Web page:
So this post will be a combination personal update/very specific question that hopefully we can get a few responses to…let’s start with the update…
So, last Friday 3/21/14 was a treatment night. Just like always I prepared it, injected it, and went about my evening. The side effects came, as they always do with the headache, body aches, nausea etc, but then a new symptom started – palpitations and fluttering in my heart. I ignored it for a bit, thinking it was fluke, but it kept going for the next several days. The headache, body aches, nausea also increased in severity rather than decrease as it usually does. It increased to the point that i couldn’t even make it in to work on Monday.
All of the symptoms persisted the next day, but I went in to work anyway. Not much to do at home other than feel bad. At least at the office there are things to distract me from how I felt. As the day went on Tuesday, the palpitations increased, and I was getting dizzy, short of breath, and very shaky. So I called my doctor’s office and they suggested heading to the ER just to get checked out. So after work M and I went to the ER. Got hooked up to an EKG, IV, BP, Pulse Ox, did a CT, and a chest x-ray…all results came back normal. Which is good and bad. On the one had it’s good to know that there aren’t any serious issues, but on the other there is no obvious cause of the weird symptoms.
This leads me to think it’s a problem with the PegIntron itself. I called Merck and reported the issues that I was having, and they are tracking the lot number to see if anyone else has reported this too.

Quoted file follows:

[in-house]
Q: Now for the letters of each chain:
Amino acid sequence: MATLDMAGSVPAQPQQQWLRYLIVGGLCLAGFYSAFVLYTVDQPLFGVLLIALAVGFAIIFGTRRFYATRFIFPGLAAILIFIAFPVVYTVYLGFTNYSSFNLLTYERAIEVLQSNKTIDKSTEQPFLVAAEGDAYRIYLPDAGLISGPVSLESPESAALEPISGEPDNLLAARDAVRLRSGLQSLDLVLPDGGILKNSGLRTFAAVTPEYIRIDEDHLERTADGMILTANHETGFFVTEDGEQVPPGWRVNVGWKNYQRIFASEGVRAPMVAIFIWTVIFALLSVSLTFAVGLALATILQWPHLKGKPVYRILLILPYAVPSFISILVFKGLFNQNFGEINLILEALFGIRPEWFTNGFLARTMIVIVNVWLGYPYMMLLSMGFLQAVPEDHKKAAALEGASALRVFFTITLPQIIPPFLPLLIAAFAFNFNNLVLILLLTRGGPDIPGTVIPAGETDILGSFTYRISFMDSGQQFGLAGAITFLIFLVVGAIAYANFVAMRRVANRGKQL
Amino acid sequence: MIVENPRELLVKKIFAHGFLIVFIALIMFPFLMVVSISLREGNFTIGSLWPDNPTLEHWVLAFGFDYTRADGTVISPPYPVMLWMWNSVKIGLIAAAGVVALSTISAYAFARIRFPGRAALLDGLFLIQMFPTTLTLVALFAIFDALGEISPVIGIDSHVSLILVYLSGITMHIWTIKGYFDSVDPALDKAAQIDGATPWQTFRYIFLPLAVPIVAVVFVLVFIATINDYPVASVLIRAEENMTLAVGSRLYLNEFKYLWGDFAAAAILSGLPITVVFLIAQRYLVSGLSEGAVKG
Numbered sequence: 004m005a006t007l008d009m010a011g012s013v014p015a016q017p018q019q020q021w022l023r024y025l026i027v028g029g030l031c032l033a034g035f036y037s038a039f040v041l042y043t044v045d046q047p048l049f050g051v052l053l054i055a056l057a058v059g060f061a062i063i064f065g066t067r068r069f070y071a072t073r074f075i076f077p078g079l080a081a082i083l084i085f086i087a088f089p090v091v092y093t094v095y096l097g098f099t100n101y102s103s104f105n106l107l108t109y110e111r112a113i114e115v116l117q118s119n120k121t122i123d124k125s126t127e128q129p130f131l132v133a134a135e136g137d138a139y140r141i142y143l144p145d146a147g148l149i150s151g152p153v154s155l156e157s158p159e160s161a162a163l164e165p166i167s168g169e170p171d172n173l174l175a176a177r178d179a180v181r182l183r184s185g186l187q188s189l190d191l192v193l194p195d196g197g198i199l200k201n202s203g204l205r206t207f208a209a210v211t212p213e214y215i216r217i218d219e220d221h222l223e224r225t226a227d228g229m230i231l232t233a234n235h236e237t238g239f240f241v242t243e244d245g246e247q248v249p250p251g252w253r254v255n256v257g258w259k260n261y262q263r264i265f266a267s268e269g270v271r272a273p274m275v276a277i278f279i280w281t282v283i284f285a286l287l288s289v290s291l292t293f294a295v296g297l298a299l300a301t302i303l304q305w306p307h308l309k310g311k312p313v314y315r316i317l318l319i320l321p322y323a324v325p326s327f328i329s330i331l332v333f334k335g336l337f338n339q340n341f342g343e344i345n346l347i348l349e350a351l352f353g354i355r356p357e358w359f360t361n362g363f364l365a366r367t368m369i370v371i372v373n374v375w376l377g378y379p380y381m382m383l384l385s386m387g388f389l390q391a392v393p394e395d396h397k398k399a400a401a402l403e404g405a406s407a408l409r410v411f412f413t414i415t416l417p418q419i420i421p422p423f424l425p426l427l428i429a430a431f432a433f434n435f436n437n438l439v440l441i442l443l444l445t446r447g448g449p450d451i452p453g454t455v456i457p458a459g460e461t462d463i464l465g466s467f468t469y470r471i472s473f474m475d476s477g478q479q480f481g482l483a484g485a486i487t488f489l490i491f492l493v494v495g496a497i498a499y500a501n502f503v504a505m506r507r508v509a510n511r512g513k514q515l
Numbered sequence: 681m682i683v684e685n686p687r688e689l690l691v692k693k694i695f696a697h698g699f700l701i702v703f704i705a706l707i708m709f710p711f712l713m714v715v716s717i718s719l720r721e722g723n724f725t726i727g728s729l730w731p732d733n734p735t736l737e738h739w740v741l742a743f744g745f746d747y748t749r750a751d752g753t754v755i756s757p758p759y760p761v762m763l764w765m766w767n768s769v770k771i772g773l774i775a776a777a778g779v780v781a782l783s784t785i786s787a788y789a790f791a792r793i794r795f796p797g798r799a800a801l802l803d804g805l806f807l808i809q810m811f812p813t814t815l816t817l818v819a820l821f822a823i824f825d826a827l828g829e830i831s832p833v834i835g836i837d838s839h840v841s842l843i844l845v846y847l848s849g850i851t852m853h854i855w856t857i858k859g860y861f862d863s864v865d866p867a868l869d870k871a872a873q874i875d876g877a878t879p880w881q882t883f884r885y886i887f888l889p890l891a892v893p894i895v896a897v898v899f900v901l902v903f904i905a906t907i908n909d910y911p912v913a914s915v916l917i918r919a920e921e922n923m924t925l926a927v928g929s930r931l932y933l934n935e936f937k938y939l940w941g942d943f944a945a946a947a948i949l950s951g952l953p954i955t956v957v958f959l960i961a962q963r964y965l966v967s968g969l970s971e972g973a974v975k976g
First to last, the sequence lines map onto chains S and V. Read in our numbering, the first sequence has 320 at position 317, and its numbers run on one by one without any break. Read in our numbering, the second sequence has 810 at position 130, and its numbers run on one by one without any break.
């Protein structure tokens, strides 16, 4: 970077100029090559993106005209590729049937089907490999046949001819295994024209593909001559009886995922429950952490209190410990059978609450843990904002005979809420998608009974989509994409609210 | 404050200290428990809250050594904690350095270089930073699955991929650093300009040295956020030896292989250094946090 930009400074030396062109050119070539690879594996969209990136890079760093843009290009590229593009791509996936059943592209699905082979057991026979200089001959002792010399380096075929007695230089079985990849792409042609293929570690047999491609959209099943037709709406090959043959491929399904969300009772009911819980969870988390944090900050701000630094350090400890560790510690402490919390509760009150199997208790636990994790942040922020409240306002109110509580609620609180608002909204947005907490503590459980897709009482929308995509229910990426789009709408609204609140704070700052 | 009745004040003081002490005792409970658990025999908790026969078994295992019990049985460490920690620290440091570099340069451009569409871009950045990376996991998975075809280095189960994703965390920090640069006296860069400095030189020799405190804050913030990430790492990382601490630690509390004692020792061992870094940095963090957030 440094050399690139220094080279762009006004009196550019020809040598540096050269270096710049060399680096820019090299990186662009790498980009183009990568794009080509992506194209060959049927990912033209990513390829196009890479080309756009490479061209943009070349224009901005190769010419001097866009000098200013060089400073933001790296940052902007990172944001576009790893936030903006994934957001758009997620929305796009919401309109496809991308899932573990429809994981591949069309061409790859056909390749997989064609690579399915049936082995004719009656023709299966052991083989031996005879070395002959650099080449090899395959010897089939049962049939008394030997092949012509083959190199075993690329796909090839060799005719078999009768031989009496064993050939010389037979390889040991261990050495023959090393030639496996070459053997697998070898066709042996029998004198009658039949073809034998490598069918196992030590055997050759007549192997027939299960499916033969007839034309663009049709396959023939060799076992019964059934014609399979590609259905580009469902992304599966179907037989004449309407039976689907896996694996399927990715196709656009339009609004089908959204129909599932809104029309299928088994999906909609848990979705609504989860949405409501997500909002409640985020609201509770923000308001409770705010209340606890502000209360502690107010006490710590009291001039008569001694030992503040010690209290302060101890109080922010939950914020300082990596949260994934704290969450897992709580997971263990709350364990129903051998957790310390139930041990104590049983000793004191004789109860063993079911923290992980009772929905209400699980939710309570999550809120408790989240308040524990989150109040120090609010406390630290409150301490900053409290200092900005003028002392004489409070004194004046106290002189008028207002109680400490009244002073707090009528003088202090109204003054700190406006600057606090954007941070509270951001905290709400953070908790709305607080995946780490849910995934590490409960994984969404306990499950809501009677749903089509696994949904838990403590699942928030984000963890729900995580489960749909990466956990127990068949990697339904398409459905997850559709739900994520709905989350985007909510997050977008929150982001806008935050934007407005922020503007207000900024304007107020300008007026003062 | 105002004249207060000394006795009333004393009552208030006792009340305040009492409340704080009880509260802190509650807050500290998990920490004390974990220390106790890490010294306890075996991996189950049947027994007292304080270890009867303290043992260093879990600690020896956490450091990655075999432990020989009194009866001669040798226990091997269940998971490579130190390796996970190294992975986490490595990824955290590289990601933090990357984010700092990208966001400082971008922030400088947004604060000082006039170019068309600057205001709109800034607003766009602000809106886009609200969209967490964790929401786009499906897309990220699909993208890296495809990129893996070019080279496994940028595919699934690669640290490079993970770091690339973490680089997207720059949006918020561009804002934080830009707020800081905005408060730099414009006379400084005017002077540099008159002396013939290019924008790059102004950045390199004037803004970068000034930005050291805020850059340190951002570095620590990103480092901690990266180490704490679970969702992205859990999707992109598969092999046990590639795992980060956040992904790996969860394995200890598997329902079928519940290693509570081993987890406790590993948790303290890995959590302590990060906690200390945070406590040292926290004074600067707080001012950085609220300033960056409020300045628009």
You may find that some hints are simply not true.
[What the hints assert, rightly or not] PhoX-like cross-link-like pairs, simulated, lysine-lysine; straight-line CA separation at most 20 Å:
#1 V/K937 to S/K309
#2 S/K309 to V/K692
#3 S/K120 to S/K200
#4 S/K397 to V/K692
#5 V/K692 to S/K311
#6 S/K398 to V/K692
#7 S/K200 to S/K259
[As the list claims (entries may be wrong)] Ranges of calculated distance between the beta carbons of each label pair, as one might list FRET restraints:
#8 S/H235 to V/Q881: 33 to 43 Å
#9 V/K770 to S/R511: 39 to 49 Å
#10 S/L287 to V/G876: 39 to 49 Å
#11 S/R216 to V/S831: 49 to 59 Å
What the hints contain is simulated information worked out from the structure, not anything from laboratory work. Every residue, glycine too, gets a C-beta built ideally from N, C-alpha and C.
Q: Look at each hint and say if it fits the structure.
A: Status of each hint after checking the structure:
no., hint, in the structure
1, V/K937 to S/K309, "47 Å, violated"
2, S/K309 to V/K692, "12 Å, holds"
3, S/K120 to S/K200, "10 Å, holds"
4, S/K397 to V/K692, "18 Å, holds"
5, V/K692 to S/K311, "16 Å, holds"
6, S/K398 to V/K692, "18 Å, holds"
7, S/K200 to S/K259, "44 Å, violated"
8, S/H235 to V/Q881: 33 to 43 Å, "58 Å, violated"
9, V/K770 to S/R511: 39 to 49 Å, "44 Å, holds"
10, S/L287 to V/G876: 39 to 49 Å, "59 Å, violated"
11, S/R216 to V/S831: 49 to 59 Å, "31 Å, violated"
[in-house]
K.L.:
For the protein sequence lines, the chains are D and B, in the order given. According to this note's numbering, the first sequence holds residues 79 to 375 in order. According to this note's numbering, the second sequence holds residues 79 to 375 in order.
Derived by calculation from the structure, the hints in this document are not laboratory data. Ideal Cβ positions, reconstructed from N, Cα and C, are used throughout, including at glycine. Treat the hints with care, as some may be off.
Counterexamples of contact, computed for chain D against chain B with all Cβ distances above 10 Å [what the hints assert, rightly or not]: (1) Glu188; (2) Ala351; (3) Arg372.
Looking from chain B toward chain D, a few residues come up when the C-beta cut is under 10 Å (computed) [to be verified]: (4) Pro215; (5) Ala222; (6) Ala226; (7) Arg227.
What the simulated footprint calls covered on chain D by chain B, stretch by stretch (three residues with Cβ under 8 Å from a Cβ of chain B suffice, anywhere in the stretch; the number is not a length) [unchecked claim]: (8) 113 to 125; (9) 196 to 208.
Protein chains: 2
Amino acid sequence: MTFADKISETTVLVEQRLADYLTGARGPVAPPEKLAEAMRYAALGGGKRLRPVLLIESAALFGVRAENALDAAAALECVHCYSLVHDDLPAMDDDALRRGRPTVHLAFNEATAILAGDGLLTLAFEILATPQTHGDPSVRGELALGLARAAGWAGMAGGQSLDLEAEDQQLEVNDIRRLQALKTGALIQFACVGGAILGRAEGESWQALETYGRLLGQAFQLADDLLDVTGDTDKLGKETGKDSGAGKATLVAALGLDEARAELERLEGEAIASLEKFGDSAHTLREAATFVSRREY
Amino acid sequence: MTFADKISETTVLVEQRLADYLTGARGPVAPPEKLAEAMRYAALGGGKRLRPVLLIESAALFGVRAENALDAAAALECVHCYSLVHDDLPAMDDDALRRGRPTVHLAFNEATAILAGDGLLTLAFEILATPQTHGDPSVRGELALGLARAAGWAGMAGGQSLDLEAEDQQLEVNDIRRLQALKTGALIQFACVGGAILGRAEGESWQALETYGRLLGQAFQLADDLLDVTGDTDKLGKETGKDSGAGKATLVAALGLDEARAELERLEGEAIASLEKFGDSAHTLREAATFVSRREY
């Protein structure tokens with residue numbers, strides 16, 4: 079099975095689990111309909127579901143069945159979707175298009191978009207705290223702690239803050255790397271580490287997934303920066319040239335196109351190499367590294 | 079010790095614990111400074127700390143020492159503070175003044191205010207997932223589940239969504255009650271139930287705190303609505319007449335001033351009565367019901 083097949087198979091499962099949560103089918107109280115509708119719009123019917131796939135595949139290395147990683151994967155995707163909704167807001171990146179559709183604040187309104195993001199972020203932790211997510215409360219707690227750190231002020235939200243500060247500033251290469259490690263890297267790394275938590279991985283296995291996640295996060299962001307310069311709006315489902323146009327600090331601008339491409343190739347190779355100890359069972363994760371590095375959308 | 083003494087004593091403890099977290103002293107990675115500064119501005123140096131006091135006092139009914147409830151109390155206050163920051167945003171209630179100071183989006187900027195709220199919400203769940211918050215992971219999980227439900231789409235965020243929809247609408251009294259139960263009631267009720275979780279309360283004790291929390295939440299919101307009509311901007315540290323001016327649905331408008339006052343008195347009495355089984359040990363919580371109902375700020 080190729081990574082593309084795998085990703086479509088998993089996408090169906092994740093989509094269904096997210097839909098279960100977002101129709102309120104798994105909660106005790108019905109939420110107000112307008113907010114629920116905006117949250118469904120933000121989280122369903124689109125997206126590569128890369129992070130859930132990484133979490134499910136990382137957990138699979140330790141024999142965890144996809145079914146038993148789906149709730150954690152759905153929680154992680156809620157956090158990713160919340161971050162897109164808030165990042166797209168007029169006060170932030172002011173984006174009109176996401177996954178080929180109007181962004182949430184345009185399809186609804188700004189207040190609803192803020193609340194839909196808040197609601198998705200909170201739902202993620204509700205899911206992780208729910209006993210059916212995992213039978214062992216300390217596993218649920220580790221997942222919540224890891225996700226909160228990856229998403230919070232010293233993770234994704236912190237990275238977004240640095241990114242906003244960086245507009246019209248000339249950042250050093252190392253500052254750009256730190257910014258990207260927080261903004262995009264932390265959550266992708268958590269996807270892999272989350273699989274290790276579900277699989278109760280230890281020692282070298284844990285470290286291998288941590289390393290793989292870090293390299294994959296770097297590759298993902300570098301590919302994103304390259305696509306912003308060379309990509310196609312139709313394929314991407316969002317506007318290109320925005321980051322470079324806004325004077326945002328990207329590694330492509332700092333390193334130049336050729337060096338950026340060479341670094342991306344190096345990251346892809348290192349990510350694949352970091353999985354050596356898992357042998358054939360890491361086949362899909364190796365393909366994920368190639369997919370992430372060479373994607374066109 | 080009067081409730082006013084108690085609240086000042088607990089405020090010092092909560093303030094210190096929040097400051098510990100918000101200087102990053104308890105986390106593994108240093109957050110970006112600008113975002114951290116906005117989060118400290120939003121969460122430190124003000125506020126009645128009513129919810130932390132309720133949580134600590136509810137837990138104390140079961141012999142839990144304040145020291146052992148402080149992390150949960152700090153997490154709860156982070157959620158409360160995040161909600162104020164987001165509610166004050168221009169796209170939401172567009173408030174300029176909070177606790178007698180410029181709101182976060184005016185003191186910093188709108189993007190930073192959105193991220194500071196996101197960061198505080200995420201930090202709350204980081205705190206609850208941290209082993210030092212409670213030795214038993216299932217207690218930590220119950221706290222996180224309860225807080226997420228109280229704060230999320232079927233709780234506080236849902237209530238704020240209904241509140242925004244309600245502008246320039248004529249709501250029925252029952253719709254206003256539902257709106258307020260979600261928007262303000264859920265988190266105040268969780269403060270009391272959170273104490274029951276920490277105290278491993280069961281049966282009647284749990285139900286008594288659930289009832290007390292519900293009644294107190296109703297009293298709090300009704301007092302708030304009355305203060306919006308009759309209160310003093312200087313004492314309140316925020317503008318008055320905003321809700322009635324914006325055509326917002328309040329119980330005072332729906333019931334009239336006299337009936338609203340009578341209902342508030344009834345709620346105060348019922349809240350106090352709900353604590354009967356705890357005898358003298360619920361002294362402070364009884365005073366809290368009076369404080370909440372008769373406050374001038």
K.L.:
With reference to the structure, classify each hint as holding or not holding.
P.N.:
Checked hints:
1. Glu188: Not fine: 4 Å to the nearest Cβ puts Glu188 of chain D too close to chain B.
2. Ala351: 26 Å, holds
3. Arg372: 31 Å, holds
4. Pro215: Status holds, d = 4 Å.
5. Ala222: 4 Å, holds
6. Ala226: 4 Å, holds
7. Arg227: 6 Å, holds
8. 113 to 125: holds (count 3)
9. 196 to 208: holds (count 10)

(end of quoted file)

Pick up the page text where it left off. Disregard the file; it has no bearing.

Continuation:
On to the question. Are there any of you out there taking PegIntron Alpha 2B that have had similar issues recently?
As always, you are your own best advocate, if you do not take care of yourself, who will?
Until next time,
The use of the words “Warrior” or “fighter” in reference to Cancer patients baffles me. There are two implications with these words that bother me most.
First is the implication that this is a “battle” with an opponent who fights fairly. This is not true. Cancer does NOT follow any particular regulations. It does not conform to accepted rules of engagement. Cancer is mean. Cancer plays dirty. Cancer is not a fair “fight”. Frankly, Cancer is a jerk. Cancer is the bully on the playground, who is twice your size, steals your lunch money, and pushes you in the dirt. Cancer is an invisible thief who breaks into your life and steals your energy, your health, your peace of mind. But to me, Cancer is not a “battle”.
Second is the implication that those who “lose the battle” against their cancer did not fight hard enough. This is also not true. The best I can hope for is to try to be an active participant in my treatment and situation. My personal motto, as I’m sure some of you are aware, is to “Be assertive”. This, in my opinion, is the way to approach your cancer.
I am sure that there are those who disagree with this. That for some, approaching Cancer as a battle to be won is comforting and reassuring. That is absolutely fine. If that approach helps you to become an active participant in your treatment, then that is what matters. What I think we can agree on though; is that Cancer is cruel. It can hurt every aspect of your life. But it is a situation in your life from which you can learn. From which you can grow. From which you can draw strength. Some of my biggest life lessons have come from Cancer. I learned a lot about myself through my experiences, and it has truly made me who I am today. But I am not a warrior. My situation is not a battle. It is my life. I am myself; a patient, a wife, a sister, a daughter, a friend. And I am me.
As always, you are your own best advocate. Be assertive, be persistent. If you do not take care of yourself, who will?